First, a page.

In a posting on the Telegram app, the Russian Defense Ministry said high-precision, long-range air-launched missiles were used. It said the strikes on the outskirts of Kyiv destroyed T-72 tanks supplied by Eastern European countries and other armored vehicles located in buildings of a train car repair business.
But the head of Ukraine's railway system rejected the claim that tanks were inside. Oleksandr Kamyshin said four missiles hit the Darnytsia car repair plant, but no military equipment has been stored there. He said the site was used to repair gondolas and grain carriers for exporting products.
"Russia has once again lied," he wrote on Telegram. "Their (Russia's) real goal is the economy and the civilian population. They want to block our ability to export Ukrainian products."
In a television interview that aired Sunday, Putin lashed out at Western deliveries of weapons to Ukraine, saying they aim to prolong the conflict.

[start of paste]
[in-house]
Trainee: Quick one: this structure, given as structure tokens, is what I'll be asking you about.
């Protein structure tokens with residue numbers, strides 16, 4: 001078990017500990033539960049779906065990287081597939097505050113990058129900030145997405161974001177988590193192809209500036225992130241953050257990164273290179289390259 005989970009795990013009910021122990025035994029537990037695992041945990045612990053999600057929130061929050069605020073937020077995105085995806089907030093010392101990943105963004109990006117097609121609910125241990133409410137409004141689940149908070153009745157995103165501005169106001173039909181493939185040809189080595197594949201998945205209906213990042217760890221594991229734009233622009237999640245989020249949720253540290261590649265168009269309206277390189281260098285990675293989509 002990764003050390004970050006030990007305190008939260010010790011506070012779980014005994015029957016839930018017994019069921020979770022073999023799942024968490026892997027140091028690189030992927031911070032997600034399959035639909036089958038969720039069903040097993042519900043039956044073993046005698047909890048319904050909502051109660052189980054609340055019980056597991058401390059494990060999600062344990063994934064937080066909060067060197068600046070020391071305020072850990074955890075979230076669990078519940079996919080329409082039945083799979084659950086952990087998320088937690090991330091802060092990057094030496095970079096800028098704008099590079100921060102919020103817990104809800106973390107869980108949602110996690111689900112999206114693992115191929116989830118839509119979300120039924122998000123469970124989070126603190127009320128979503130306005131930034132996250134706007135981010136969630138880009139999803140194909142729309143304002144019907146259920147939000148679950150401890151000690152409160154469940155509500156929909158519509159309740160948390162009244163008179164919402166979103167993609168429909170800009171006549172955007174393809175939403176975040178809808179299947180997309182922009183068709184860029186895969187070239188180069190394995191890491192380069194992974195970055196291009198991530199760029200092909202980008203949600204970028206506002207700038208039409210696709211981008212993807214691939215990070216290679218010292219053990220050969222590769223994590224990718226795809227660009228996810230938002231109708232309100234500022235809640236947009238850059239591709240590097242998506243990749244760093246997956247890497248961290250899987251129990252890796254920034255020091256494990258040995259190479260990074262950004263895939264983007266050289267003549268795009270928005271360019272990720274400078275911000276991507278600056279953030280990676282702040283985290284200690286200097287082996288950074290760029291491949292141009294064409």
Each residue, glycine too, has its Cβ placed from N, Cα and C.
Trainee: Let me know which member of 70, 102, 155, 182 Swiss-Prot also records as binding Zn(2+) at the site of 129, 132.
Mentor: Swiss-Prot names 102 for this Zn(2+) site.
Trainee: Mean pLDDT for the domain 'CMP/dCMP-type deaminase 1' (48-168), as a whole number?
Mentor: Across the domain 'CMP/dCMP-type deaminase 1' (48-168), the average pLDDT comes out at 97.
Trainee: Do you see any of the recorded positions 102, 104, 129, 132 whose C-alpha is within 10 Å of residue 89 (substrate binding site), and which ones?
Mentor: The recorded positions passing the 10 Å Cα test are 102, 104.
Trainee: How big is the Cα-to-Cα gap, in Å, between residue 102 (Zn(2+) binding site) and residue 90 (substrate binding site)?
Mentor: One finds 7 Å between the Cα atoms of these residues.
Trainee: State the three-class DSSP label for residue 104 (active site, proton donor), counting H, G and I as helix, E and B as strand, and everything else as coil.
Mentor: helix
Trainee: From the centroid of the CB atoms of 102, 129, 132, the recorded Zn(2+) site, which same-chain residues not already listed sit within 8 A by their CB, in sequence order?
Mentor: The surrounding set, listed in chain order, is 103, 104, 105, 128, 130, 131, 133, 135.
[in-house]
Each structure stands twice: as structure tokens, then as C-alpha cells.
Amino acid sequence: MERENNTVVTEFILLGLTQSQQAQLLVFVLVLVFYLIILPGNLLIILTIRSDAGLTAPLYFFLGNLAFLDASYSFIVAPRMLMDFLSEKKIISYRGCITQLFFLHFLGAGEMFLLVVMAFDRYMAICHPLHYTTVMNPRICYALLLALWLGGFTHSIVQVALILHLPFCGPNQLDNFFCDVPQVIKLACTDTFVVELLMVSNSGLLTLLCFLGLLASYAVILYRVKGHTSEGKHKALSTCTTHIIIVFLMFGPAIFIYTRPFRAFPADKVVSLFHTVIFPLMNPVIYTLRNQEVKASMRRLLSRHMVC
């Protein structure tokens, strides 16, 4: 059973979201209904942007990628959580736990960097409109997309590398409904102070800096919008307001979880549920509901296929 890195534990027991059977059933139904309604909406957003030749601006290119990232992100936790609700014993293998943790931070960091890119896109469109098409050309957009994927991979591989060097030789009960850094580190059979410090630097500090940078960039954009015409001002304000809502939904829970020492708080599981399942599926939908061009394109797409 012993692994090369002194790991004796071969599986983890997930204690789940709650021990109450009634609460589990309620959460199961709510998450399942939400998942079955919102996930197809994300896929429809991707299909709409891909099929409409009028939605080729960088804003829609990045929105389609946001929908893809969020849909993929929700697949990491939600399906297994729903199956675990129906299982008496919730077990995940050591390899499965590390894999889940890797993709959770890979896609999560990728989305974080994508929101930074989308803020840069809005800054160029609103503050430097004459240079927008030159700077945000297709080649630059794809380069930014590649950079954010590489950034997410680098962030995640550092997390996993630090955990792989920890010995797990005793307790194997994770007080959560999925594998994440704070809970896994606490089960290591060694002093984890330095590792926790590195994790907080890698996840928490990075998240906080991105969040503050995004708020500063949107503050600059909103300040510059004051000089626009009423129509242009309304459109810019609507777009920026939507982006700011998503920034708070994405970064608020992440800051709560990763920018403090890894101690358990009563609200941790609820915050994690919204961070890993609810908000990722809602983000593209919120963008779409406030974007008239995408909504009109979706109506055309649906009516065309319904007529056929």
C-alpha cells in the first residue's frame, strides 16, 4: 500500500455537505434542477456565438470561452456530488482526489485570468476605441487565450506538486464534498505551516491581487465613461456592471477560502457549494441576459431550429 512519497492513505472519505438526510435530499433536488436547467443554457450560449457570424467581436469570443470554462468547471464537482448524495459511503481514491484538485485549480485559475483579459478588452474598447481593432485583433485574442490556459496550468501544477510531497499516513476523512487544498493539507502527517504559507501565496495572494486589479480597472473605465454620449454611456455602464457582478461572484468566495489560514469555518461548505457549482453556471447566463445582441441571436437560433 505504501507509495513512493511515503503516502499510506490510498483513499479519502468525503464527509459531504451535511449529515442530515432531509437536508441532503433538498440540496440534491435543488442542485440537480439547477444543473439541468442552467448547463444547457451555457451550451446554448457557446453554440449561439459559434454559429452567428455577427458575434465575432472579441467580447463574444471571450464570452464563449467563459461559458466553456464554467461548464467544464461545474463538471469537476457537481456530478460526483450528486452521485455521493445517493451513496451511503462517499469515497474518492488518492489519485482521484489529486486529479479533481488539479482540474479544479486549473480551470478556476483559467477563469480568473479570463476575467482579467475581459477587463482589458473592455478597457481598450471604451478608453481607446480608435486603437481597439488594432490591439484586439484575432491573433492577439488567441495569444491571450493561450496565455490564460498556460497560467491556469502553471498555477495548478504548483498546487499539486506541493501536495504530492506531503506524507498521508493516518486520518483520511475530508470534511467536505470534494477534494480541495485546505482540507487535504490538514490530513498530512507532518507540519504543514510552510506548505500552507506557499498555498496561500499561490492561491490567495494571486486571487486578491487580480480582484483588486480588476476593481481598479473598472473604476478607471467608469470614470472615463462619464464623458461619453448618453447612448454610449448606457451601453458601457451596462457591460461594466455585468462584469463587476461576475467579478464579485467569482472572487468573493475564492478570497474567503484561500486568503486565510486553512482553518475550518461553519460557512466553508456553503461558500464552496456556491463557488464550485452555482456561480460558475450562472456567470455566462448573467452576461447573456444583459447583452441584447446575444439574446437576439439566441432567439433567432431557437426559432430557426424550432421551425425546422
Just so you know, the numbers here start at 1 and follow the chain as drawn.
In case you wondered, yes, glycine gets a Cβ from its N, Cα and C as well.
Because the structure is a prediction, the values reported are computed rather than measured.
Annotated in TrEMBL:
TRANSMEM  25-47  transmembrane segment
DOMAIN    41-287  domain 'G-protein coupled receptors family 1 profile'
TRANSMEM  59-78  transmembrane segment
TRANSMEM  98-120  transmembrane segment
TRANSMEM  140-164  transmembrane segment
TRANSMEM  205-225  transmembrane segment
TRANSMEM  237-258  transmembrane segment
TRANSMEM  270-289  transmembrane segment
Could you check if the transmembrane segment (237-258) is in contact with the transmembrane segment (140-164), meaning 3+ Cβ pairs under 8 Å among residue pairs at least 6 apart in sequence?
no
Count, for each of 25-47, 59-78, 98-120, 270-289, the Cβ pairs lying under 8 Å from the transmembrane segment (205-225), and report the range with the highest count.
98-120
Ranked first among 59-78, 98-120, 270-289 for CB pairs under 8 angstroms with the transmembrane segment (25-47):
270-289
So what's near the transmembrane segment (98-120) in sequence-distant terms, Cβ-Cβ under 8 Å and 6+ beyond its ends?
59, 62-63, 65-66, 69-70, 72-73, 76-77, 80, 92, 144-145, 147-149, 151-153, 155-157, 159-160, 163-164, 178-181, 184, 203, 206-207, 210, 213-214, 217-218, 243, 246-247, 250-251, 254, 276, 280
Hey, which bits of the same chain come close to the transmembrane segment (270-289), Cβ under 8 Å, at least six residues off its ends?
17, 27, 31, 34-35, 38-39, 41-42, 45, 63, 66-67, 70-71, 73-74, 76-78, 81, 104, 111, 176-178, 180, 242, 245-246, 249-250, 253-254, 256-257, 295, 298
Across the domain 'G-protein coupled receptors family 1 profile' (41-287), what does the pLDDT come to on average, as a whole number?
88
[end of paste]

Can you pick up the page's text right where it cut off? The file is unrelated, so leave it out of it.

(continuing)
"All this fuss around additional deliveries of weapons, in my opinion, has only one goal: To drag out the armed conflict as much as possible," Putin said. He insisted such supplies were unlikely to change the military situation much for Ukraine's government, which he said was merely making up for losses of similar rockets that they already had.
If Kyiv gets longer-range rockets, he added, Moscow will "draw appropriate conclusions and use our means of destruction, which we have plenty of, in order to strike at those objects that we haven't yet struck."
The U.S. has stopped short of offering Ukraine longer-range weapons that could fire deep into Russia. The four medium-range High Mobility Artillery Rocket Systems included in the security package include launchers on wheels that allow troops to strike a target and then quickly move away -- which could be useful against Russian artillery on the battlefield.